The highlight of his youth career came in 2009 when he scored the winning try at Twickenham in the final of the NatWest Schools Cup, taking the man of the match award for his exploits. Later that year, he was part of a Leicester Tigers team that memorably beat world champions South Africa in a tour match.

One year on and he began his first season with the Tigers first team before making his England debut in the World Cup warm-up match against Wales at Twickenham in the summer of 2011.

In November 2012, Tuilagi produced one of the best performances of his career as he inspired England to a record-breaking win over New Zealand, and he was rewarded for his form with a call-up to The British & Irish Lions Tour to Australia in 2013.

He played in the third Test against the Wallabies, coming on as a replacement in the 69th minute.

And while it is his only Test appearance thus far, the experience of being on a winning Lions side is one he will treasure forever.

“It is a huge honour,” added Tuilagi. “When I found out I was selected I could not believe it.

“I never thought that one day I would have the opportunity to put the Lions shirt on.

“My dad loves the Lions and when I found out I rang up and told him, he was very happy. He cried a bit, he didn’t tell me, but my mum did.

Tuilagi passes the ball as he takes part in a coaching clinic with junior members of the Moseley Rugby Club

“It was an amazing Tour in 2013, I had a little bit of a shoulder injury at the start but luckily I was able to come back and feature in the last Test for about ten minutes.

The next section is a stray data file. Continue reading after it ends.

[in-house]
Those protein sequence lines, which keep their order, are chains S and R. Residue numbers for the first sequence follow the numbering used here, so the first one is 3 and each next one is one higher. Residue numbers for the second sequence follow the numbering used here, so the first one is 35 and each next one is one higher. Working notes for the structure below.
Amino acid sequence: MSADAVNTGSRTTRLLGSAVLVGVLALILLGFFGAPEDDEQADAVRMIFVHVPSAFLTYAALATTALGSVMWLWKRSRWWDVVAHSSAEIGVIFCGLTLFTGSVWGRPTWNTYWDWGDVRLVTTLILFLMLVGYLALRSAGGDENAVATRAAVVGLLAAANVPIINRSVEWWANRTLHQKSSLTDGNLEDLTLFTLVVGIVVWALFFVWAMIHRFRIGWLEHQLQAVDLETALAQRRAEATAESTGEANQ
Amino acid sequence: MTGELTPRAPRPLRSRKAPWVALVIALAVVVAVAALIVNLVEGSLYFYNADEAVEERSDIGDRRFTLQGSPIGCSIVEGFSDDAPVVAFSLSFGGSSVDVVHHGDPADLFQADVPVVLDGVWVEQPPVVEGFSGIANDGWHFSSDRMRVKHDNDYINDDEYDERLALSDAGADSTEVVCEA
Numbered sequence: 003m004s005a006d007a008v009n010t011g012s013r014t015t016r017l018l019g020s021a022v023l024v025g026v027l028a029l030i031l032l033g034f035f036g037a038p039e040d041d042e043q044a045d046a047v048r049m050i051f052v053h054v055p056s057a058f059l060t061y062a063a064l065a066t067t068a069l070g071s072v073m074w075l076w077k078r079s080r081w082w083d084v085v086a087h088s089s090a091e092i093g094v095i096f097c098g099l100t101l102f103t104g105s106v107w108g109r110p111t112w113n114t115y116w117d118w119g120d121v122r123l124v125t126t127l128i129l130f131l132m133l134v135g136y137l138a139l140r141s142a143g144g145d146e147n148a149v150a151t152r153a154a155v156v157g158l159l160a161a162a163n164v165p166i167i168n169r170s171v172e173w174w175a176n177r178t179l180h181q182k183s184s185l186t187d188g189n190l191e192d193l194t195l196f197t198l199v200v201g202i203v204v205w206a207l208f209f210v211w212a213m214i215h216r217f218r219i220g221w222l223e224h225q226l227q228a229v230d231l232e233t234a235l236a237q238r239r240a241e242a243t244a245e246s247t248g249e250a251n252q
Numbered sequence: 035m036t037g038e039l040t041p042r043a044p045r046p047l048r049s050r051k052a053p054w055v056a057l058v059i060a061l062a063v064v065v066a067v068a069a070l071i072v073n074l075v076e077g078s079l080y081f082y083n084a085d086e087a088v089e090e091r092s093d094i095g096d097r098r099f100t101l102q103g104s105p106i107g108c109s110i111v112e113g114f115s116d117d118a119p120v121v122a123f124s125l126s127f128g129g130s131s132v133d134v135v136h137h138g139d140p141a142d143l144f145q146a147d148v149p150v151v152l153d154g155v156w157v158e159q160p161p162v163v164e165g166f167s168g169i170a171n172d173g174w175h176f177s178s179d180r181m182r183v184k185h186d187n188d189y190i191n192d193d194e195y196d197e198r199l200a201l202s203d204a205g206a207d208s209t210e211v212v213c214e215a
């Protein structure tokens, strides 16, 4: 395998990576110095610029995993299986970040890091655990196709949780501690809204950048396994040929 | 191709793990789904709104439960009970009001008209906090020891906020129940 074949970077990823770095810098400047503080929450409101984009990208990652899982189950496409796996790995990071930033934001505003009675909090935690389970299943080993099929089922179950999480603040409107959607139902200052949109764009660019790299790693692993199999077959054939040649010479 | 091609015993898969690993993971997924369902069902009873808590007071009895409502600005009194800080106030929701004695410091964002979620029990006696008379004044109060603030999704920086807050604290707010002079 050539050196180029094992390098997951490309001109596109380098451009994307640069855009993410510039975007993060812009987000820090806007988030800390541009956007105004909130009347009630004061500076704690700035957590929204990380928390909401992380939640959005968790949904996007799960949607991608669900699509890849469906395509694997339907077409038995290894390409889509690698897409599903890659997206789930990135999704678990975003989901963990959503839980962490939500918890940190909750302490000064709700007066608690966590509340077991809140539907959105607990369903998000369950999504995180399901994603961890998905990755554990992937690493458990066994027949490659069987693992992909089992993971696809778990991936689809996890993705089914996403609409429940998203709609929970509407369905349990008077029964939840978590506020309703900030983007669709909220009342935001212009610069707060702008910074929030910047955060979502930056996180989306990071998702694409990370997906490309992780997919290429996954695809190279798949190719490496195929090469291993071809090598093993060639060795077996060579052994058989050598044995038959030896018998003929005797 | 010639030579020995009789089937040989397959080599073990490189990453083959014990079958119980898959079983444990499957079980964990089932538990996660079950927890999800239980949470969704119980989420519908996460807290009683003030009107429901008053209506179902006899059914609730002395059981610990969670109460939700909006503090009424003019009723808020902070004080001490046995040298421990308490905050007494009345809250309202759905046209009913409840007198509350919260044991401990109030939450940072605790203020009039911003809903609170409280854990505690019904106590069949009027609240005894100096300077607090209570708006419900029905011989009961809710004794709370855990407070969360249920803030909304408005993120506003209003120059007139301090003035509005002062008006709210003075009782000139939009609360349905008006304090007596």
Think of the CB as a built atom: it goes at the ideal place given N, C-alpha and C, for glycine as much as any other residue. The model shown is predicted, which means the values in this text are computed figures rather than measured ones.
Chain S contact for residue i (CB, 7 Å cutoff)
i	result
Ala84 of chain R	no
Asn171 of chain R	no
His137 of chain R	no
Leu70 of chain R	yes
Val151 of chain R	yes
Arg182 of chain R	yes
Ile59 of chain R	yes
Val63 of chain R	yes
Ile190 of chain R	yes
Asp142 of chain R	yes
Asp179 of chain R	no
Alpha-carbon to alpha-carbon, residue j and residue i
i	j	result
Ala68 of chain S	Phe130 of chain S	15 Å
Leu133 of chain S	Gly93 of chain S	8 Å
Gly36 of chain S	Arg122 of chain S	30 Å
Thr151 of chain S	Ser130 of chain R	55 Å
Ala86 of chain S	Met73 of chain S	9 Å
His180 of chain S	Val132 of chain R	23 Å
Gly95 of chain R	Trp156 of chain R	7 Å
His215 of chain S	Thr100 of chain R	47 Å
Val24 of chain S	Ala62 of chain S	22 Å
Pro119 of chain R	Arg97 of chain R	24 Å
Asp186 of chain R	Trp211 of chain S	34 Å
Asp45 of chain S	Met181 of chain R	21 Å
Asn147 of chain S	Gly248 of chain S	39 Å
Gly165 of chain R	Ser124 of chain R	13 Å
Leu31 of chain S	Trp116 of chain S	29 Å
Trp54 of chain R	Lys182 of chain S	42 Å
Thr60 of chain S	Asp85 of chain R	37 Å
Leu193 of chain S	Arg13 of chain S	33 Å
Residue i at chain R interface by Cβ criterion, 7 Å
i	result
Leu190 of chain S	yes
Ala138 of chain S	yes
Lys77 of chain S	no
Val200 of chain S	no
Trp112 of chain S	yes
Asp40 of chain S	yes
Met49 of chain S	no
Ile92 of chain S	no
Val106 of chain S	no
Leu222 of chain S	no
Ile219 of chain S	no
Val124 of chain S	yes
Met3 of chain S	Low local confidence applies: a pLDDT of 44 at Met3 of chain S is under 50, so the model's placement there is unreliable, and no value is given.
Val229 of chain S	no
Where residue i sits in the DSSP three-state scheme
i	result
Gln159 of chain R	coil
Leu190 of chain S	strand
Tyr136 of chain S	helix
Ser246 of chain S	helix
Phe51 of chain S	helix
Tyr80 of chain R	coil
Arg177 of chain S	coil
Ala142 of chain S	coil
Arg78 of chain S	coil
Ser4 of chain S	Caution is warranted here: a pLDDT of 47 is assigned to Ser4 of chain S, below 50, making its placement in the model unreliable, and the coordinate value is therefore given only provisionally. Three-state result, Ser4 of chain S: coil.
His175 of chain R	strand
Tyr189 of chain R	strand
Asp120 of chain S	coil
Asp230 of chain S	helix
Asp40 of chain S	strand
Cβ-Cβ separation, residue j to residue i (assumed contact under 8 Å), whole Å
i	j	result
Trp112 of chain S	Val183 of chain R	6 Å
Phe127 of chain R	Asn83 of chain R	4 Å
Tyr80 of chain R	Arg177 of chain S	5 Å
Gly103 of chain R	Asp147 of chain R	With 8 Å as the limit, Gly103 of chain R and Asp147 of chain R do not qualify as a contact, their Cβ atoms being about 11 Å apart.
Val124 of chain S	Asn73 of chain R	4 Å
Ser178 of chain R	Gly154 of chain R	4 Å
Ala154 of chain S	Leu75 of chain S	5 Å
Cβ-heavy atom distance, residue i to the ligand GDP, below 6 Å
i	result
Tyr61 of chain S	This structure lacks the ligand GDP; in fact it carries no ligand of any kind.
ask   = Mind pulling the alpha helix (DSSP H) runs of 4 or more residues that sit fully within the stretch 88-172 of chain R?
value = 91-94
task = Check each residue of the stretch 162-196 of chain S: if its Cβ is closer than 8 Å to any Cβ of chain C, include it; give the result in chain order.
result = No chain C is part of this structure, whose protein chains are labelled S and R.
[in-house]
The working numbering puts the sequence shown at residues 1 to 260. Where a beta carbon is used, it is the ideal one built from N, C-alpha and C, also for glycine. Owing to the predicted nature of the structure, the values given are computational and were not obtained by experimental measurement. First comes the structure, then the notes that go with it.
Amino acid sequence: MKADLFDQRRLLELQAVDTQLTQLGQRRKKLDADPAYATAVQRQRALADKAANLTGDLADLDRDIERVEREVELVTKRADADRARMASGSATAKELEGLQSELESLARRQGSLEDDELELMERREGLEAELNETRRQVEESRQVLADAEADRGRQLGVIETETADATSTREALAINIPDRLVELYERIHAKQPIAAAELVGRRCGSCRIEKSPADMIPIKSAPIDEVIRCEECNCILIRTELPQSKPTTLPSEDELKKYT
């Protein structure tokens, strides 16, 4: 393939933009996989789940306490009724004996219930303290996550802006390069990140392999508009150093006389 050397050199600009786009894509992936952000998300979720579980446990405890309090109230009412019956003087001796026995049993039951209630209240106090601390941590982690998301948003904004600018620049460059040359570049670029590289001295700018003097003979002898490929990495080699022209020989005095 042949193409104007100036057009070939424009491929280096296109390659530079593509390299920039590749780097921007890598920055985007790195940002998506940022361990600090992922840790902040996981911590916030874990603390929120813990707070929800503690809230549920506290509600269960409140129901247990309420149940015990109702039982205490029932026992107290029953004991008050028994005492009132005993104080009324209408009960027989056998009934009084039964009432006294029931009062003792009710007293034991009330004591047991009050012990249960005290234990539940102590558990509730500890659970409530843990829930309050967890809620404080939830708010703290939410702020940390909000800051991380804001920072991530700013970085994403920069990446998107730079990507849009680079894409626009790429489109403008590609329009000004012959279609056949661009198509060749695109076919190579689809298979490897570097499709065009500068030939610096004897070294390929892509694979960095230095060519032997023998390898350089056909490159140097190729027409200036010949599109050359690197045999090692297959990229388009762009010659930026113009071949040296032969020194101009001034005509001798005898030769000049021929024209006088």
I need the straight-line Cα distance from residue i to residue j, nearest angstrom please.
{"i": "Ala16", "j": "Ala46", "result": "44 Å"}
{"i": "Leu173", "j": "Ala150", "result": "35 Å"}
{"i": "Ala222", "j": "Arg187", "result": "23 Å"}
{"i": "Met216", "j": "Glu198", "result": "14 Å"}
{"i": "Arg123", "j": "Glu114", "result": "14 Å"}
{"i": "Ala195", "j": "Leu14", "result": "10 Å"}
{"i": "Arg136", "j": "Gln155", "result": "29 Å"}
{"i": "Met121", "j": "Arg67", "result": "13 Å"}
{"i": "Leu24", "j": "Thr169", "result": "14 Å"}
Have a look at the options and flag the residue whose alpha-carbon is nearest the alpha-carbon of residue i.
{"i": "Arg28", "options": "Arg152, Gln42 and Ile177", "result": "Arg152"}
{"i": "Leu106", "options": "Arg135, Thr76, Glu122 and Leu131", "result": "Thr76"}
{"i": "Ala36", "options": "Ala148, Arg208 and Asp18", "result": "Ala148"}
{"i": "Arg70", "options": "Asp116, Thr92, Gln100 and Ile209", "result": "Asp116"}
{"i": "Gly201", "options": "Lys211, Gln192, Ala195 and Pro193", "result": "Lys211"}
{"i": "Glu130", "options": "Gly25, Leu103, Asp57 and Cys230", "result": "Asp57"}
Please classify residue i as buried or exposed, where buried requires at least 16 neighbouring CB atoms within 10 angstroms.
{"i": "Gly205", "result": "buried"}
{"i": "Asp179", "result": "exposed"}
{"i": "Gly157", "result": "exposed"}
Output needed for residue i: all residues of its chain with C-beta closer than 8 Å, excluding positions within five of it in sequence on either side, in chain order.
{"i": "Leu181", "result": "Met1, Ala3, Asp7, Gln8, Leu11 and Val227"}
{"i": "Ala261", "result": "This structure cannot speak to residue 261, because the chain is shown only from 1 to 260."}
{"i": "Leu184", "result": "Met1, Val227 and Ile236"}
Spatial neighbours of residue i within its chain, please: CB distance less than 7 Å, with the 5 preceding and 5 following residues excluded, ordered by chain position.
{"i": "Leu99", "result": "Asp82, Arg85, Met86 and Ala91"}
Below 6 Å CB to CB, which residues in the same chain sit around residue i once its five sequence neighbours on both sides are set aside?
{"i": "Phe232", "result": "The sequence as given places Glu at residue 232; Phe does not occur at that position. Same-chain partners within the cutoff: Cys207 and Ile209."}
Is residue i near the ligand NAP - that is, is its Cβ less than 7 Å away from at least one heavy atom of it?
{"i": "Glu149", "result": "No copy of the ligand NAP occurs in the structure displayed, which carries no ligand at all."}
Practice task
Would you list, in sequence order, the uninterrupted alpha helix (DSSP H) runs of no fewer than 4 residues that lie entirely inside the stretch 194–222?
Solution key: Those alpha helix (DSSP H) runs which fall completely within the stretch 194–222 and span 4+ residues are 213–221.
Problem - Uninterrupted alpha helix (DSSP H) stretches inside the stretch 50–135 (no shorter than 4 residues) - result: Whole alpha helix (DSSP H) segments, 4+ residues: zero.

“The game was already won so I was just able to enjoy it. It was an amazing feeling.”

Tuilagi missed out on the 2017 Tour to New Zealand after suffering a knee injury, which ruled him out of playing rugby for two years, but he returned to the international scene in the England side that reached the 2019 Rugby World Cup final.

And as gutted as he was to miss out on a second opportunity to pull on the Lions jersey, Tuilagi says the ordeal taught him to make the most of every chance he has left to play rugby and simply enjoy it — just like he did when he first put on his boots at Hinckley.

“I thought at one point I might have to hang the boots up,” he added. “I think that was the toughest thing. Thank god I come through it and I am enjoying it again.

Tuilagi with junior team members from Moseley

“I loved every moment of the World Cup in Japan. Obviously it was disappointing not to win but that’s sport. I enjoyed back playing, being back in with that group of lads.

“We gelled together as a team, that was the most important thing. The togetherness of the team is something that you cannot fake and we followed that character right through to the final.

“Tough times make you stronger and it makes you realise you have to enjoy what you love doing because you never know when it is going to end.

“The Tour in South Africa is a long time away, for me personally I try not to think about it, but the boys that will be fortunate enough to go there will really enjoy it. Touring with the Lions is exciting and going to South Africa will be great.”

Canterbury will be offering Lions Origin Clubs – those teams who have produced a player who has gone on to play for the Lions – the opportunity to have their Canterbury kits personalised with the logo of the Lions Origin Club to proudly celebrate the achievement